Thursday, March 24, 2011

Book Review: Keeping Up Appearances by Ann Roberts

Ann Roberts’ ninth novel is set in 2004 in a Phoenix, Arizona middle school and covers one school year. Faye Burton is the principal, and while not dumpy is less concerned with what she wears because experience has taught her it is always possible that one or more of the students she talks to in the course of the school day will end up leaving something of themselves behind on her clothes. While the school year is still young, she meets the District’s new director of special education, Andi Loomis, who wears Prada and Armani. When the women begin dating, Andi insists that they remain deeply in the closet which is fine with Faye because the District has recently hired a homophobic Superintendent.

A thorn in Faye’s side is attorney Constance Richardson, whose son, AJ, is in the school’s special education program. Richardson wants her son mainstreamed, i.e., put into the school’s regular program of classes. The school staff knows the boy isn’t capable of being mainstreamed, and have told Richardson that over and over. Richardson is adamant that AJ remain in the non-special education classrooms despite him being disruptive and increasingly violent. Richardson is vindictive, mean-spirited, and used to getting her own way in all things. Faye must deal not only with each day’s crisis at the school, but the politics of the district as well. When Richardson doesn’t get her way, she gets even with Faye. What Faye and Andi do after that is telling and threatens their relationship.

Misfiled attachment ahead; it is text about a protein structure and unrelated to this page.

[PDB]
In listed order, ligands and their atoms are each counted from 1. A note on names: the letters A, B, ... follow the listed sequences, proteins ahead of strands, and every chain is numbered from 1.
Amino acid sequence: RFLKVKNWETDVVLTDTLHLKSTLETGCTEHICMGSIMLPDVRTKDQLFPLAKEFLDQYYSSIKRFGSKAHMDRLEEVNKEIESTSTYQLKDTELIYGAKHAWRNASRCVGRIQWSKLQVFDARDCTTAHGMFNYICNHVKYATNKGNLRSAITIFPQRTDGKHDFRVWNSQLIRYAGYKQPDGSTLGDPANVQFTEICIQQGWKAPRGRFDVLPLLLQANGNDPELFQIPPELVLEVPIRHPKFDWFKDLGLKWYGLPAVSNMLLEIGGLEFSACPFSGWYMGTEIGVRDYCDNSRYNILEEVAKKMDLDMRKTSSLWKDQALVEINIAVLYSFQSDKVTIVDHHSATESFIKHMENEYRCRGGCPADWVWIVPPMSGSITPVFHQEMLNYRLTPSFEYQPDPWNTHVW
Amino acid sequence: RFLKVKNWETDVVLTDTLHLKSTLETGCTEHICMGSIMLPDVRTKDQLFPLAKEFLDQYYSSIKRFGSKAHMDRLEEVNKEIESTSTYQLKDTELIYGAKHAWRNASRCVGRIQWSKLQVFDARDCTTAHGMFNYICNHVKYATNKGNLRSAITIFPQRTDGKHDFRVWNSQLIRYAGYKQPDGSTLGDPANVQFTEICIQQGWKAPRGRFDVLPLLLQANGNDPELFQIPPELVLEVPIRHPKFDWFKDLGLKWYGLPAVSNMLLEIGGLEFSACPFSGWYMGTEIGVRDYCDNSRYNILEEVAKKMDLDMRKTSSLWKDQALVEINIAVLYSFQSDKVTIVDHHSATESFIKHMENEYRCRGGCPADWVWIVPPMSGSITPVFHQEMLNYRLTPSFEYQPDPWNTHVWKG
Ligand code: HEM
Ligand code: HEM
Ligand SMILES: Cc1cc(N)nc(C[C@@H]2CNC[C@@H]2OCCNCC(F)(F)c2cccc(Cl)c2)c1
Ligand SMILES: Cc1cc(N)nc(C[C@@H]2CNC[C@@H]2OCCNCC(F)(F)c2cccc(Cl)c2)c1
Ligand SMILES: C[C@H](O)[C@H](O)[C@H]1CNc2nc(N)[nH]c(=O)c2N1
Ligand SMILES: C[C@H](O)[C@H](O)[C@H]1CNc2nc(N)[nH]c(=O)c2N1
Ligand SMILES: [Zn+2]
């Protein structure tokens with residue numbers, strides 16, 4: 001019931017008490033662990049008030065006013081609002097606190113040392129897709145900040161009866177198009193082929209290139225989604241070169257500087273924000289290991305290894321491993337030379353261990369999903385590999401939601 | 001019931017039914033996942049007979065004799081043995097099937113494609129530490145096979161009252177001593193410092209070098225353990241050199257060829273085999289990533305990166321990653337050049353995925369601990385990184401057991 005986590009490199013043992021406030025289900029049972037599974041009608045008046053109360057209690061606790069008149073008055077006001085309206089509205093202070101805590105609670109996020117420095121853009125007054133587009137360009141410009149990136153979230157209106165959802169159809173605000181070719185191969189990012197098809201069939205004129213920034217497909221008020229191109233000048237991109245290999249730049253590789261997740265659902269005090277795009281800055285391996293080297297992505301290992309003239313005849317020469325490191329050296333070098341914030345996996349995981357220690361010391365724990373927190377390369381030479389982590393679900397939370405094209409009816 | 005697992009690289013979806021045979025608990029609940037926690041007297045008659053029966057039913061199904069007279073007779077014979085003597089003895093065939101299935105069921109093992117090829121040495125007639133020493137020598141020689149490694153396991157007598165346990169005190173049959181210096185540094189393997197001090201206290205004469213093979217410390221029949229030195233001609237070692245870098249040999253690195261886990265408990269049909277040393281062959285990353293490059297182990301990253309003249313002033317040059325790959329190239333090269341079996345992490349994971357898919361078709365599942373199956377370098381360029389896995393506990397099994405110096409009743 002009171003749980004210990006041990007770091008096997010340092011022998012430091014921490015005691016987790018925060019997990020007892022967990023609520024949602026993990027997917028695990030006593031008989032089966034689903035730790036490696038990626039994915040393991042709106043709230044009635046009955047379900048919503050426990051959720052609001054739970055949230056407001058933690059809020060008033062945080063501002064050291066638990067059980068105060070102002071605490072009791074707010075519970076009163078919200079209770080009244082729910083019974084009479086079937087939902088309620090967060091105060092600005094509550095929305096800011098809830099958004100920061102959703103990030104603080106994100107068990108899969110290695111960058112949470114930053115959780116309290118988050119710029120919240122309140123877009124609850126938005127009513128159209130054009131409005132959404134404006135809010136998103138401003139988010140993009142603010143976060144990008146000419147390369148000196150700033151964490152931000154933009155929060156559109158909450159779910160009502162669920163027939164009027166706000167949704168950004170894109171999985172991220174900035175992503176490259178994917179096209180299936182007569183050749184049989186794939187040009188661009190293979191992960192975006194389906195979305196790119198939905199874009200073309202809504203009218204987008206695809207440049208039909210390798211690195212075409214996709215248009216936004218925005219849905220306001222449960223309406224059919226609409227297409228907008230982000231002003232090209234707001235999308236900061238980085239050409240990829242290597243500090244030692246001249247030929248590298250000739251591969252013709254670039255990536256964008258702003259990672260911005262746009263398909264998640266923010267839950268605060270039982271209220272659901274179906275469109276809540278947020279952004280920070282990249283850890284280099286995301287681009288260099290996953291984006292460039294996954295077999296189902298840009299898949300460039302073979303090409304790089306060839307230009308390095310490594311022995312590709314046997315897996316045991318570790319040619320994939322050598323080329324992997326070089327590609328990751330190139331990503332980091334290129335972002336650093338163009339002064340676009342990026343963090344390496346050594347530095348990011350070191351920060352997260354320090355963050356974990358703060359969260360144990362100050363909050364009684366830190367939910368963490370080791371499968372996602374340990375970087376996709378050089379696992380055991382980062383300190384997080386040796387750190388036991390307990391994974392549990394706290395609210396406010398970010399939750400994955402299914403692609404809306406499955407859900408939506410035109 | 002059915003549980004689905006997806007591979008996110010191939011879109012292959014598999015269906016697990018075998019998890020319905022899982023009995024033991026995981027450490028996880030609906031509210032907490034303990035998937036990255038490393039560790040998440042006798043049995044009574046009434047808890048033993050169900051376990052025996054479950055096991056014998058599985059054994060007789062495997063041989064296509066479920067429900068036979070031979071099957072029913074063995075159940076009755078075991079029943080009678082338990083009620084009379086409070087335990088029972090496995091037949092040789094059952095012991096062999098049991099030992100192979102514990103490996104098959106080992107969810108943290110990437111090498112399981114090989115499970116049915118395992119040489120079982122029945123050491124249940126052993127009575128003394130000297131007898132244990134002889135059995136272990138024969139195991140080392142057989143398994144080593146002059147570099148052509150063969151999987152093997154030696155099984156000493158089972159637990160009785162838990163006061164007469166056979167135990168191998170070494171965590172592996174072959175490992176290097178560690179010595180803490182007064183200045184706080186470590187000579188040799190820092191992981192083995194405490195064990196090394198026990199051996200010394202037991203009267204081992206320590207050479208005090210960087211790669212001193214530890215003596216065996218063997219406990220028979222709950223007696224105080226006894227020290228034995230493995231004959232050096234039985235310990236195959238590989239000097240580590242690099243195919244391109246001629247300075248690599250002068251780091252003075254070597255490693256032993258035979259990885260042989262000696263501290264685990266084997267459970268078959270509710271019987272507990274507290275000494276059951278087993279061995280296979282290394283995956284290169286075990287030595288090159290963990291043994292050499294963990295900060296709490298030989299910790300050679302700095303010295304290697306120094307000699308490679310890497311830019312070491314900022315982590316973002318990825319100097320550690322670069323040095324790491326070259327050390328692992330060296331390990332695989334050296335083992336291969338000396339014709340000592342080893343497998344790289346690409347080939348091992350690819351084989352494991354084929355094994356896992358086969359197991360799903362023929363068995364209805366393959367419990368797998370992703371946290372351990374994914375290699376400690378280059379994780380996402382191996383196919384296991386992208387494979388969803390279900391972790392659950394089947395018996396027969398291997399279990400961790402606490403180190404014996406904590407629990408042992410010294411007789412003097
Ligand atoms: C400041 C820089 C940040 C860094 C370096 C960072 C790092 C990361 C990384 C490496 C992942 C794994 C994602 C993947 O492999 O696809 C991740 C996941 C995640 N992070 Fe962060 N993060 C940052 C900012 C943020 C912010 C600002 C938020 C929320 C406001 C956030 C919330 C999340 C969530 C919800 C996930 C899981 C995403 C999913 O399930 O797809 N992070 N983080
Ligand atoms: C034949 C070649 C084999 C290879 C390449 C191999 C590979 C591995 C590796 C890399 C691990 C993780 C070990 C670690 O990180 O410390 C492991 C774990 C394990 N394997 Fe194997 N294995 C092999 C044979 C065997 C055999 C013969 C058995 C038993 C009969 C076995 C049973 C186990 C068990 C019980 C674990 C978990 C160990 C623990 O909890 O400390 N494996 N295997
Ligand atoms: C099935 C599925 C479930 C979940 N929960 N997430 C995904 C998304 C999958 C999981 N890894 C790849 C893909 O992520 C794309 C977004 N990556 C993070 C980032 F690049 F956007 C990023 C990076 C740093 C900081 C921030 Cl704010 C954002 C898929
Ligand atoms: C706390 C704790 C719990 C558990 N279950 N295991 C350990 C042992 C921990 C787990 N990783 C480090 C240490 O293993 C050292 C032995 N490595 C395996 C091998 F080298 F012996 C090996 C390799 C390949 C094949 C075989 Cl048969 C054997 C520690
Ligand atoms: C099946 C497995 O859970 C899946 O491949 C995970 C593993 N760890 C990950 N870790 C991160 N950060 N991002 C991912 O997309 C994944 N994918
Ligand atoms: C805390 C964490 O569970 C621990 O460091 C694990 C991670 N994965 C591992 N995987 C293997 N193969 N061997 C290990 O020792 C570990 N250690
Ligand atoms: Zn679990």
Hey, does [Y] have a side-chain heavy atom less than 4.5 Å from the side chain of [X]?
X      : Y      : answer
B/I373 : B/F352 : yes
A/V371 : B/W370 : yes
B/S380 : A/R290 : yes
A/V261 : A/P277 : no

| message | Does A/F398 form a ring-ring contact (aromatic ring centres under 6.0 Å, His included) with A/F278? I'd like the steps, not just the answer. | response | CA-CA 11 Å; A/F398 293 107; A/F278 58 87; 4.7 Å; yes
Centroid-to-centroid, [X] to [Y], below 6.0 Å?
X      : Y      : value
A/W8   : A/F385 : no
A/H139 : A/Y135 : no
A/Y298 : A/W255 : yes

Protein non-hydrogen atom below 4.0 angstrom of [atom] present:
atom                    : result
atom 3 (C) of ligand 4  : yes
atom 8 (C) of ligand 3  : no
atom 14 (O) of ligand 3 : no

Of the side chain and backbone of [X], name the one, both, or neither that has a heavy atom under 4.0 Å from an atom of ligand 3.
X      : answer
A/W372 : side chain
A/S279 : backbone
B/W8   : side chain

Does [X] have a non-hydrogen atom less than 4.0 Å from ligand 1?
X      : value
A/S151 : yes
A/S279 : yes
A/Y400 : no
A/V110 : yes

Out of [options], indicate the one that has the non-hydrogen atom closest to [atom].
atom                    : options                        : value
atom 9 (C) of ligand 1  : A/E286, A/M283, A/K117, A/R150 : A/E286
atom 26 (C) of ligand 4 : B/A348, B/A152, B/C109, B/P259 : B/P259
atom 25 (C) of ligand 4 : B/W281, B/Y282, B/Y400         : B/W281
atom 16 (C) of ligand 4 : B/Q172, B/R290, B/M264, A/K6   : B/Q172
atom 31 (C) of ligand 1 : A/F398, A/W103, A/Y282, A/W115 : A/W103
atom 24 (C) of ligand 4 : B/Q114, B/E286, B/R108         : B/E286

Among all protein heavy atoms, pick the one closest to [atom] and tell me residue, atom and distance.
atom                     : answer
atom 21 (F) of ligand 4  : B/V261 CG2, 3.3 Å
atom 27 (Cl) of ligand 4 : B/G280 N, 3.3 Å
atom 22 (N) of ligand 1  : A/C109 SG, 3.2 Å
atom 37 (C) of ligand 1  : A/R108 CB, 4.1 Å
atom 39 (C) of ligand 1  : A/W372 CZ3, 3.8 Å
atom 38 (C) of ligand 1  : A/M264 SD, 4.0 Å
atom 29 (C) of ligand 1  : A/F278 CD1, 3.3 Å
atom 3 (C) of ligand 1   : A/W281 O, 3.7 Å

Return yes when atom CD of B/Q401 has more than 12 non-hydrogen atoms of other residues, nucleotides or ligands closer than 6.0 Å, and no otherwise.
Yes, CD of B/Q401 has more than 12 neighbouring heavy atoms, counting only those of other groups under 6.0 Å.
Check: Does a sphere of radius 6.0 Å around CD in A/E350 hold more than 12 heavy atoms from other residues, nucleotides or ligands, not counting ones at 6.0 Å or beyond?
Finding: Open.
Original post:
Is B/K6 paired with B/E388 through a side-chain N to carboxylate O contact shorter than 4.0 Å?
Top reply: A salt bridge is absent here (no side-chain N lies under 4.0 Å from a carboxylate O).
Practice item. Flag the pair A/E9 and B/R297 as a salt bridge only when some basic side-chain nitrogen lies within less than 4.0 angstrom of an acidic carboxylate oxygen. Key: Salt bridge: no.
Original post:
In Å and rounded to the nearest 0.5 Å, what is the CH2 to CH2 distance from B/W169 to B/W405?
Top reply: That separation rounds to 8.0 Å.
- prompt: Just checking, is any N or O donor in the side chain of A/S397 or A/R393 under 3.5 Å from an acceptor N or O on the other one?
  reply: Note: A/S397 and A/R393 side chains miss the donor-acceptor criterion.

While there are some romantic elements to this book, it is not, strictly speaking, a romance.This book is about the bullying of gay students, the constant fear gay teachers live under if they are teaching under homophobic administrations, and survival. There are romantic elements, i.e., the budding relationship between Andi and Faye.

Roberts does a good job in developing Faye, Andi, and Constance (who is one of those characters the reader will love to hate). Unfortunately, she fails to develop the secondary adult characters in enough depth to tell one from the other. The only thing distinguishing Faye’s brother from the other secondary characters is the fact that he’s a man - the women characters are so similar as to be nearly indistinguishable from one another. If she had developed the secondary adults, this would have been a fully realized book. Much better developed secondary characters are the students, and, thus, more interesting than the adult secondary characters.

Readers may be chagrinned at the end of the book when both Faye and Constance act out of character. Roberts would have done her readers a favor by foreshadowing the change in both these characters beyond giving us love as the reason they would or could change in such a radical way.

Despite the minor criticisms above, Roberts’ book will keep you turning pages even if you aren’t a teacher or have children, and, if for no other reason than to see what deviousness Constance will be up to next.

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